Corporate tax reform: California points the way
The arcane, outdated and inefficient U.S. corporate tax code is costing our country jobs, factories, industries and tens of billions of dollars of badly-needed tax revenue each year.
Our tax system is supposedly based on the idea that U.S. companies should pay taxes on all profits, no matter where they are earned. Yet this is undermined when companies are allowed to “defer” taxes on profits made in other countries until those funds are repatriated to the United States.
This loophole encourages multinational corporations to move production and intellectual property, such as patents and trademarks, out of the country. Or they juggle their books to make it appear that a major portion of their income is made outside the United States. Then they keep it abroad, expecting to persuade legislators to give them “tax holidays” that allow them to repatriate the funds with minimal tax consequences. (The last holiday in 2004 offered a 5.25 percent tax rate). This set of incentives has resulted in up to $2 trillion of profits staying out of the country to defer taxation. This amount grows every year.
Many across the political spectrum are calling for reform. The left emphasizes doing something about the lost revenue and jobs. The right wants rate reductions. What if there is one reform that gives the left and the right what they want, while also improving our international competitiveness?
California’s “sales-based” corporate income tax could be a model for this reform. Passed by 61 percent of voters in a November 2012 state referendum, Proposition 39 requires a “single sales factor” corporate income tax. Corporate tax collections are predicted to increase by about $700 million per year.
Prop 39 taxes every corporation that sells goods and services in the state — treating U.S. and foreign corporations the same. The state taxes a portion of each corporation’s U.S. earnings based on a simple percentage: total sales in California divided by total U.S. domestic sales. By basing the tax calculation on in-state sales, businesses can no longer use various schemes to make it appear that profits were earned out of state.
Calculating what every company owes with the single sales factor is simple and addresses the “what if’s” listed above. This is a big improvement over the devil’s bargain that allowed corporations to choose how they were taxed.
The U.S. tax system now requires authorities to keep track of where American companies run their operations and where they make their profits. Companies are taxed more if they operate in the United States — which encourages many to shift assets abroad. In addition, Washington lets companies defer taxes on profits from business outside the country, but allows them to write off expenses immediately.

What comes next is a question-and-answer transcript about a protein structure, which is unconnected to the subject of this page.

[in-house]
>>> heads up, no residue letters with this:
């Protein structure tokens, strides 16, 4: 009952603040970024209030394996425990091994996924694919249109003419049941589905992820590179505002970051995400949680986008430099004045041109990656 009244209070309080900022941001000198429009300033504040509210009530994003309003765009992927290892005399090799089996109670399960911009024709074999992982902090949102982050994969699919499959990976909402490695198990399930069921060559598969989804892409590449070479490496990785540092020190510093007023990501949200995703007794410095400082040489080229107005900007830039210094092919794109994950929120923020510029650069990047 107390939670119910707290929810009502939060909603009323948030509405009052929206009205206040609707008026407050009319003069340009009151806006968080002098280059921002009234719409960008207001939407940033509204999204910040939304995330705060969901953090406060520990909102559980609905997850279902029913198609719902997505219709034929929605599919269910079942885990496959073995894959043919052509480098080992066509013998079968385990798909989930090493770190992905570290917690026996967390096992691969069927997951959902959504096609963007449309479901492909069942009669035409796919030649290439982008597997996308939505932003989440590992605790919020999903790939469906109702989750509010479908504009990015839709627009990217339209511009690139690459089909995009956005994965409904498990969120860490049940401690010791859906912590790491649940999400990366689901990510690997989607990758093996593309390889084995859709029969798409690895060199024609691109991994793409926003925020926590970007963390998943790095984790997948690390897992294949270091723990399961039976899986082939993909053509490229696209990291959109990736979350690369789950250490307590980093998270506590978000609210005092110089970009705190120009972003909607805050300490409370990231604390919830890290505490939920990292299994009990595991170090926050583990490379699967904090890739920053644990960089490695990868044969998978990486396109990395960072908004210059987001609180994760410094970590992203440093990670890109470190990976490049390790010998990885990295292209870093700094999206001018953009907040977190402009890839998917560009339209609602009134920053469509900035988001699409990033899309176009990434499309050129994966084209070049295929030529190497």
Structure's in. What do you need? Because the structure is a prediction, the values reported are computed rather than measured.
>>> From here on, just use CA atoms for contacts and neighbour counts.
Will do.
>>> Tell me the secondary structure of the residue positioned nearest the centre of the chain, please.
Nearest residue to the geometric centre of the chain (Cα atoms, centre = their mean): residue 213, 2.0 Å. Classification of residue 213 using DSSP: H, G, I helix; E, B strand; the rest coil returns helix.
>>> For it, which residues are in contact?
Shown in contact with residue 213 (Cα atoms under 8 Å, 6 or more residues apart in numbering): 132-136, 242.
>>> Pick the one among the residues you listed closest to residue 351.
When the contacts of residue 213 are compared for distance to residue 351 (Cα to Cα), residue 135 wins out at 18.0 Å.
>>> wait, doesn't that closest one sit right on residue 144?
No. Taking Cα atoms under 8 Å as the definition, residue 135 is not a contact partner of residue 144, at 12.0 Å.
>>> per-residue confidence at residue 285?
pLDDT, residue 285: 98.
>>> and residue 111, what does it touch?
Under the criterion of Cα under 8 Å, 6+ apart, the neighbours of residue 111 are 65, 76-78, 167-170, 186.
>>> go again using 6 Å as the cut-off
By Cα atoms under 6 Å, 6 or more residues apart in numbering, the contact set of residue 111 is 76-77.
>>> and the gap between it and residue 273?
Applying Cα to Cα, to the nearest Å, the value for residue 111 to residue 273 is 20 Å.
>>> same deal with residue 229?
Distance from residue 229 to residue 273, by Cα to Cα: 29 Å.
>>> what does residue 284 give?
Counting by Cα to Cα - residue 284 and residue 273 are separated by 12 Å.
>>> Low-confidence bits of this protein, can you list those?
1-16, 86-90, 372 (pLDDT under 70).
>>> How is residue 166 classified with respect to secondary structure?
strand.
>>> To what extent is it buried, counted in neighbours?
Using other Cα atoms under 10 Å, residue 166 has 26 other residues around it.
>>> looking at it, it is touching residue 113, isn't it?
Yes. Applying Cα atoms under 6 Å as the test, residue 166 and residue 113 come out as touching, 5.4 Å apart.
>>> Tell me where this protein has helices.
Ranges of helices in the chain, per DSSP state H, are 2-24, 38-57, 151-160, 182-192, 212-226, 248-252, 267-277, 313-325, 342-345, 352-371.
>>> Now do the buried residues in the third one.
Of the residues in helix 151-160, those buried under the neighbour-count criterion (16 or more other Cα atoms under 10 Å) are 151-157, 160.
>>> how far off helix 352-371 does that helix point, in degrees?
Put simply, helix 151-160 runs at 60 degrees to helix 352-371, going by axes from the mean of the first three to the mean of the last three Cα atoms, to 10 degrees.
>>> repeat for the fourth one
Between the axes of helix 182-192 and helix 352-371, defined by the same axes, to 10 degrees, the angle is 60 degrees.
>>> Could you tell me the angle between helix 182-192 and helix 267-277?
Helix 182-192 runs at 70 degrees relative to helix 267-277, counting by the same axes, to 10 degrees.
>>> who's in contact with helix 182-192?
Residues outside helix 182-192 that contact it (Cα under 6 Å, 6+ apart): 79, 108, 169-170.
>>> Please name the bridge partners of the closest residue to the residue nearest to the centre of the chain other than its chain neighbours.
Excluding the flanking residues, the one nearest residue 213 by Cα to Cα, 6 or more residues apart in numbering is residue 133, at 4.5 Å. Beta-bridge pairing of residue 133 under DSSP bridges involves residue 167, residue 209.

If our federal tax code was amended along the lines of California’s Prop 39, we could stop this absurd money chase. Every multinational corporation (foreign and domestic) selling products and services in the United States would still want to sell in the world’s biggest consumer market. They would also continue to release accurate information about –domestic sales because they would want to reward shareholders with the returns from selling in the U.S. market. We would simply tax the percentage of their global profits represented by their U.S. sales.
Adapting the California tax system for the nation would make U.S. businesses competitive in global markets, without rewarding companies for moving production and assets abroad. It would also help smaller domestic firms compete with large multinationals that now pay little or no corporate taxes.
By no longer trying to tax companies based on whether they have U.S. operations and employees, we could eliminate some of the disincentives that our current tax system imposes on domestic manufacturing and employment. Jobs, factories and profit centers could return here. And we would bring in more tax revenue from foreign companies that sell in the United States, but now get a free ride.
By taxing foreign companies on the Toyotas or TVs they sell in the United States, a sales-based system would bring in more money from a broader base. Judging by Prop 39’s more than $1 billion in additional tax revenues, it is logical to conclude that increased revenues from a similar national system could make it possible to lower the overall corporate rate while still raising more funds for reducing the deficit and investing in the economy — giving liberals and conservatives something to cheer about.
Adapting California’s sales-based system for the nation would be a win for tax reformers on the left and right. Conservatives would get to limit taxes to profits on domestic sales instead of worldwide sales, and possibly at a lower rate. Liberals, though they would have to accept not taxing worldwide income, would not only see increased federal revenues, but could take satisfaction from forcing today’s notorious tax avoiders to pay their fair and proportionate share of corporate taxes.
It would also be a win for all Americans who want more revenue to invest in the country’s future, a win for corporations that want a simpler, less burdensome system to help make them more competitive in the global marketplace and a win for U.S. workers.
Even the companies that take advantage of today’s failing system would ultimately win, by sharing in the success of a stronger economy.
PHOTO (TOP): California Governor Jerry Brown gestures as he unveils his proposed 2014-15 state budget in Sacramento, California, January 9, 2014. REUTERS/Max Whittaker
PHOTO (INSERT 1): The five colors of the new iPhone 5C are seen after Apple Inc.’s media event in Cupertino, California, September 10, 2013. REUTERS/Stephen Lam
PHOTO (INSERT 2):A customer looks over Toyota automobiles at a dealership in Daly City, California, February 2, 2010. REUTERS/Robert Galbraith